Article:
Cervical Cancer Prevention Week
Cervical Cancer Prevention Week is an annual awareness week aiming to encourage women to take potentially life saving smear tests. The theme for this year’s Cervical Cancer Prevention Week is “Reduce Your Risk”.
With 75% of cervical cancers being prevented from developing, a smear test is an excellent way to reduce your risk. Shockingly 1 in 4 women didn’t turn up for their smear test when invited.
Cervical cancer is the most common cancer in women under 35, but shockingly 1 in 3 women aged 25-29 don’t attend their appointment.
“No one ever died of embarrassment…”
Two local women are encouraging local women to have their smear test done. They are encouraging women to not be embarrassed for the sake of their health.
The NHS runs a Cervical Screening Programme, which invites women aged 25 to 49 to a cervical screening. For women aged 25-49 it’s every three years, women aged 50-64 is every five years. Although most cases everything is fine, 1 in 20 women are referred. The referral, though, isn’t suggesting that you have cancer, it is due to the test results showing abnormal cells.
When going for your referral doctors will perform a simple, and almost always painless, test called a Colposcopy. If any treatment needs to be performed it is usually performed right away.
Symptoms Aren’t Always Obvious
Cervical Cancer symptoms may not always be obvious. Symptoms may only show at the advanced stage of the disease. That’s why getting a smear test can be a vital tool in preventing the disease from taking more lives.
Sadly today two people will lose their fight with Cervical Cancer. Nine people are diagnosed with Cervical Cancer every day. With survival rates increasing, this disease has become much more treatable. What’s more is that 75% of cases are preventable.
Caroline, an assistant in Bridlington, shared her story:
I received my cervical screening invitation and, despite having just gone through a difficult break up and having other things on my mind, I made the appointment more or less straight away – which is very unlike me.
A letter came in the post after my test – I knew it would be my smear test results and I had a sinking feeling that it wasn’t great news – so I didn’t open the envelope. My birthday was coming up a few days later and I didn’t want to be worried about anything. However the nurse called within that time and after asking about the letter, urged me to open it so she could discuss the results.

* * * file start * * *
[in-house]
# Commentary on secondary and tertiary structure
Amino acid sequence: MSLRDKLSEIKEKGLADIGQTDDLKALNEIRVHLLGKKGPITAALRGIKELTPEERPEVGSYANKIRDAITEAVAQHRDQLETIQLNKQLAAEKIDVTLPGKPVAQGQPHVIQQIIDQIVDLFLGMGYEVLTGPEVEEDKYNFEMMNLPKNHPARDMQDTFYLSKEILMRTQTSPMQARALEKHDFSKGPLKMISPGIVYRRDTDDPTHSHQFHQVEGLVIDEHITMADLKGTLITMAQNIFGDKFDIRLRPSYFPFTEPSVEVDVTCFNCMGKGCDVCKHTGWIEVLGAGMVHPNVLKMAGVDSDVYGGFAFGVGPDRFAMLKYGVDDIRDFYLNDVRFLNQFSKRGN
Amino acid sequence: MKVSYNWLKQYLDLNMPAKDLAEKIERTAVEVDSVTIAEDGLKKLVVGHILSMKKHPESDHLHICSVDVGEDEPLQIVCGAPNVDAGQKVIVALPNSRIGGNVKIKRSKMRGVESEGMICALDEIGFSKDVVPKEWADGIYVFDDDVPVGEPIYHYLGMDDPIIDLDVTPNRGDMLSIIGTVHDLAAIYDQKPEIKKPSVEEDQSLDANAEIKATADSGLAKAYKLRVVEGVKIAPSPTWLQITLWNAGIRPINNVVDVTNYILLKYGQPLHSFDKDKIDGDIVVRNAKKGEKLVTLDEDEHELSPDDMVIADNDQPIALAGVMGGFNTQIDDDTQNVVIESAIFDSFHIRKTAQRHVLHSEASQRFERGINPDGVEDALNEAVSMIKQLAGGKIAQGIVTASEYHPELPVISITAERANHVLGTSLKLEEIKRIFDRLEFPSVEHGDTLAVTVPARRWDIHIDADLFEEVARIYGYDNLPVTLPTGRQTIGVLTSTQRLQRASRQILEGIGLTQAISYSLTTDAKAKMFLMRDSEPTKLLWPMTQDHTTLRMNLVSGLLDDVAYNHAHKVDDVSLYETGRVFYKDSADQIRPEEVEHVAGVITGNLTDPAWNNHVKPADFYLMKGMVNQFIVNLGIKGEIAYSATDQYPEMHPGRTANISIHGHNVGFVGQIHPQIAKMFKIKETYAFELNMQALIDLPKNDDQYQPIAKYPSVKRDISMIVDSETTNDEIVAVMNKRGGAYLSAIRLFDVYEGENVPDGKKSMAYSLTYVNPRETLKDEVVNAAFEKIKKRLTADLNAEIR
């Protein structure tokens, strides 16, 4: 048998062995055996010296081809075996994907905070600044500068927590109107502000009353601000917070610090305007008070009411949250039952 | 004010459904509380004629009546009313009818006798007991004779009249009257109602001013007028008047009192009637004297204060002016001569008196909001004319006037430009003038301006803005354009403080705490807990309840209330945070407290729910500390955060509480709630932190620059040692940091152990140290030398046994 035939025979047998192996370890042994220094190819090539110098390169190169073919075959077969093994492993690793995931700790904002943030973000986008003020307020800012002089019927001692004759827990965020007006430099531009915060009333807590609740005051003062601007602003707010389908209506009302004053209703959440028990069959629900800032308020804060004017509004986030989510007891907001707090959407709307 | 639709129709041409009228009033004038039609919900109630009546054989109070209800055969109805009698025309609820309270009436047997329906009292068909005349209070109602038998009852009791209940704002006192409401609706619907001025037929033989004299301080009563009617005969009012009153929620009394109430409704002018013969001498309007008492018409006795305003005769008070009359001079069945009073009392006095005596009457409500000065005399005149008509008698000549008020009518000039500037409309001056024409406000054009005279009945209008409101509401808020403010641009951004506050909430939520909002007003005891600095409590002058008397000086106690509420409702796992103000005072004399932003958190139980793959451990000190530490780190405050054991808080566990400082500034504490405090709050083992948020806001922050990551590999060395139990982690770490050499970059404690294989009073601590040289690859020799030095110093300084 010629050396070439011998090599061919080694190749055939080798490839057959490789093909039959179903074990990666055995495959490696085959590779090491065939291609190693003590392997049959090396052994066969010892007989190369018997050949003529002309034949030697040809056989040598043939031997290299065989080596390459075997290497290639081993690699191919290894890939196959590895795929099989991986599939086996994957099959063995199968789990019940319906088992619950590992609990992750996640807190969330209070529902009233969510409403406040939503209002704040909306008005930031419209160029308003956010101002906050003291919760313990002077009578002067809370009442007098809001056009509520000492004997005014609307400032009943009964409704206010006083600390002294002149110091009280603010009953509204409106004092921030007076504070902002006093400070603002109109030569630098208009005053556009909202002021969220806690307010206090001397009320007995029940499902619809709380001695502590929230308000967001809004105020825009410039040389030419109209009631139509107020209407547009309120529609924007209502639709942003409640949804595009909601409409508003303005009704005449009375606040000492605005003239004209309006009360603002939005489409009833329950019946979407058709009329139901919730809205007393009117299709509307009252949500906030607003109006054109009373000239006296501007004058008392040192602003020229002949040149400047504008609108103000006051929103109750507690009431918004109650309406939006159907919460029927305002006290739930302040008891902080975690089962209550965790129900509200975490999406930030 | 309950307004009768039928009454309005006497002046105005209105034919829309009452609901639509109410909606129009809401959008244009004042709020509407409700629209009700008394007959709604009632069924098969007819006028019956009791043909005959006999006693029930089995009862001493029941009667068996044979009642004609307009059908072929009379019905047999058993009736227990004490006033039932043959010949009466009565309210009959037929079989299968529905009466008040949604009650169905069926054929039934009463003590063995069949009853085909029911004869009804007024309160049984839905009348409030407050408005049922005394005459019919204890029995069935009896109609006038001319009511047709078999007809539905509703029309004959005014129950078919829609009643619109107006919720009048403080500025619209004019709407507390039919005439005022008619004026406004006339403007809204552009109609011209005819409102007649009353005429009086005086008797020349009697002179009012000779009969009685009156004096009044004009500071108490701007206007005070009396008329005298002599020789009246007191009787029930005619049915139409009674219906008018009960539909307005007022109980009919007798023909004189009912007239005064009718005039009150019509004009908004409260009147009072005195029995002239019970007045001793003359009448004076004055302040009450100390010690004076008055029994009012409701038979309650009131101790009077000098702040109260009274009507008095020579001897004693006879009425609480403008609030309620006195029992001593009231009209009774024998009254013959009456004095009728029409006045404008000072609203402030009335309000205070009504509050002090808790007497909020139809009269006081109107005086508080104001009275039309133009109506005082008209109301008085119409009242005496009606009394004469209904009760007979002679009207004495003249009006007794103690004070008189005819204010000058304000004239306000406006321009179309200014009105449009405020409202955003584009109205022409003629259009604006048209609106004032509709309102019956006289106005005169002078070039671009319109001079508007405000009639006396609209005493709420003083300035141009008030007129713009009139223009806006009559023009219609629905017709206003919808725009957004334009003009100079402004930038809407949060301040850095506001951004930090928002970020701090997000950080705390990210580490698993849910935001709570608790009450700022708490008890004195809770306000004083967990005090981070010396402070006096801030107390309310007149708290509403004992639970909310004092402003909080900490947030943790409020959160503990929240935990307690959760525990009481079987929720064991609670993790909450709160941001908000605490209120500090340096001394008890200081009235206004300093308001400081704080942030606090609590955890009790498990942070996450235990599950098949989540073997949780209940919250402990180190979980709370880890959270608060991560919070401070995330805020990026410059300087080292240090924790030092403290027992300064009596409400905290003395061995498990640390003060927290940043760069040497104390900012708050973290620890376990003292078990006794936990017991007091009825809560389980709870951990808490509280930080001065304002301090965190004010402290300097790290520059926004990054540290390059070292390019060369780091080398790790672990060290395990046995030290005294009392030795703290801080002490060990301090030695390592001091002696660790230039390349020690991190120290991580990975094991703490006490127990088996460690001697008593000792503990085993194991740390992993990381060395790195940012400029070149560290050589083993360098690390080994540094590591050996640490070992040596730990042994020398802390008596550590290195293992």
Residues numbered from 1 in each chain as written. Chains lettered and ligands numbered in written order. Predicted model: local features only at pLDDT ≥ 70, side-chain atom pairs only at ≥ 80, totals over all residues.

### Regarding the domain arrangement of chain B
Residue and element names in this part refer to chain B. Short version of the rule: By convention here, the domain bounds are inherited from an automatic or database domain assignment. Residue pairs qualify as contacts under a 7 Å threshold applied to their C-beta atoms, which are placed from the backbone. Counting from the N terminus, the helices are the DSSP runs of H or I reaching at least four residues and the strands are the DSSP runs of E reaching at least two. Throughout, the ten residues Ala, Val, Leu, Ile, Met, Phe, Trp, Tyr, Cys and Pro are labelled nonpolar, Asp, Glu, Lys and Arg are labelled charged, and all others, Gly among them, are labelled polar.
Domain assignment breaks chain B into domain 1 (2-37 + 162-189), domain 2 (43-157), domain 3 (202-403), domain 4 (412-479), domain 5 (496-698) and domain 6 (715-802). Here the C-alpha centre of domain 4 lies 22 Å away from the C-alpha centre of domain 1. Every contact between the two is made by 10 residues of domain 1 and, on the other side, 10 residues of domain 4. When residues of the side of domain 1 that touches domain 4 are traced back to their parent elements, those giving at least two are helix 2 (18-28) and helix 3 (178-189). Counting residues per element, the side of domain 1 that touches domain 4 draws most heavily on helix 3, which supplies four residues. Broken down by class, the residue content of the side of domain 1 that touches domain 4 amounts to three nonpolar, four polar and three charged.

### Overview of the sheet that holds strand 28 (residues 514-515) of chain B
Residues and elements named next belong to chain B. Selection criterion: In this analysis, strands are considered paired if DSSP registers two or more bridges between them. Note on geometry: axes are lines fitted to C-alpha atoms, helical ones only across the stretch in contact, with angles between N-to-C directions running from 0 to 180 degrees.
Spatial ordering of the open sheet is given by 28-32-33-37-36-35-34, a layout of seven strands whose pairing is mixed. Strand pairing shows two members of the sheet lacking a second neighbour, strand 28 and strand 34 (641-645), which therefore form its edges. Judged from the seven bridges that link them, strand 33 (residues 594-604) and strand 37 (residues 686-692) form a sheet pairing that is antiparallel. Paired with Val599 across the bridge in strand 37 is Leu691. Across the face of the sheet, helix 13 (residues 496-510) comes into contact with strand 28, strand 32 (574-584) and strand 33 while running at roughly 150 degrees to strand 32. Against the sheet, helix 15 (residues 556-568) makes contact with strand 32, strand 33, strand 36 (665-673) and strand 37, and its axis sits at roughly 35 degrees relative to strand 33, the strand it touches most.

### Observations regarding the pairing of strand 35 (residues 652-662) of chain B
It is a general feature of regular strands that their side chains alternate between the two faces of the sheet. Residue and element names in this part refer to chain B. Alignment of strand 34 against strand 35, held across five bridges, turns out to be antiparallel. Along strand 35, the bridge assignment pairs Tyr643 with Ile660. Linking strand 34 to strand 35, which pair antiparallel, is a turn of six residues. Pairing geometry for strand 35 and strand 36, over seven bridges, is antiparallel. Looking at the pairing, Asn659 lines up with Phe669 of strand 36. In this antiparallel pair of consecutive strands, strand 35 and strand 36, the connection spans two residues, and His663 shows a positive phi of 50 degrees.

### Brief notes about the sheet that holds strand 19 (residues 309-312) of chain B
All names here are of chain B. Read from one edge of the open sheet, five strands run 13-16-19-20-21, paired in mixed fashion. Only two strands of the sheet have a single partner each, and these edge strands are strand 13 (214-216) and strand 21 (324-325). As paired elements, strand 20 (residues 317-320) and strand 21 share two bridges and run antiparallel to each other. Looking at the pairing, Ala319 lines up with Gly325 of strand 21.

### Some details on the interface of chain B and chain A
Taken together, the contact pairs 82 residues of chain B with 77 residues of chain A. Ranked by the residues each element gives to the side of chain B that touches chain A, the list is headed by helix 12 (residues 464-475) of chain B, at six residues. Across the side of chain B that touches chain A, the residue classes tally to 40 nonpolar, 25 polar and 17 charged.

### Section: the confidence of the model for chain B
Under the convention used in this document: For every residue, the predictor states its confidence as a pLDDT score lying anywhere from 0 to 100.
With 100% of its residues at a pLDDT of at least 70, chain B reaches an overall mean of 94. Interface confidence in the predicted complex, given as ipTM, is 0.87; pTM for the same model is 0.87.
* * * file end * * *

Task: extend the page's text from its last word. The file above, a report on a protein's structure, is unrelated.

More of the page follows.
She explained that abnormal cells had been discovered and I needed a gynaecological appointment urgently. I was obviously shocked by this, at 46 years old and having had three children, and never having had an abnormal result before.
I had to go for a colposcopy and was really apprehensive about the procedure, but it wasn’t that bad – not that I’d ever want to do it again! The colposcopy highlighted some white areas on my cervix which could potentially turn into cancer if not removed.
If I hadn’t gone, which under my circumstances could have easily been the case, I could have ended up with cervical cancer.
Eighteen months later I am back to normal and I am attending the normal three yearly tests. In my younger days I had put off smear tests, this is something I will never miss or put off again – if I had missed that one it could have been a very different story.
Soon after my colposcopy my daughter, who was 24 years old at the time, received her invitation and made the appointment straight away.
Michelle, an officer from Beverley, shared her story too:
I am 55 and have gone for regular cervical screening ever since I was first invited to do so, which I am guessing was when I was in my early 20s. Thankfully I have never had an abnormal smear.
As you get older you do suffer less from the embarrassment factor than you do when you’re younger – I think that’s a big barrier to younger women taking advantage of screening. My practice nurse used to laugh because I would lie on the table and put a pillow over my face and just pretend I was lying on a beach somewhere!
I think it might have been a previous drive for screening of some sort but I once saw the strap line ‘No one ever died of embarrassment’ (the unspoken part of it obviously being that people can and do die of cancers that could have been treated at an earlier stage if they had gone for screening) and when I have to go for screenings I always have that in mind.
Your Health Is Most Important
When you go for your smear test naturally you’ll feel embarrassed, but your health is the most important thing. A few moments of embarrassment must be worth having the knowledge you’re healthy?
Your local GPs and nurses also know how embarrassed you will feel. They will do everything they can to help you feel at ease.
For more information about the Smear Test please visit the NHS website.
Jo’s Cervical Cancer Trust have launched their campaign for this year’s prevention week. They are encouraging women to Smear for Smear.
The number of women attending potentially life-saving smear tests is falling. Help us change this. Join the campaign from Monday 22- Sunday 28 January during Cervical Cancer Prevention Week.
We want every woman to know that smear tests can prevent cervical cancer. Share your #SmearForSmear and help us reach as many women as possible with a message about the importance of smear tests. Your post might be the reminder or encouragement someone needs to go for their smear test, it could save a life.
Please visit their website for ideas how to help promote the campaign!
News At A Glance:
Cervical Cancer Prevention Week will be held between the 22nd and 28th of January.
On average two women die daily from the disease, and 9 diagnosed.
As 70% of cases are preventable, women are being encouraged to reduce their risk of the disease by attending their smear test appointment.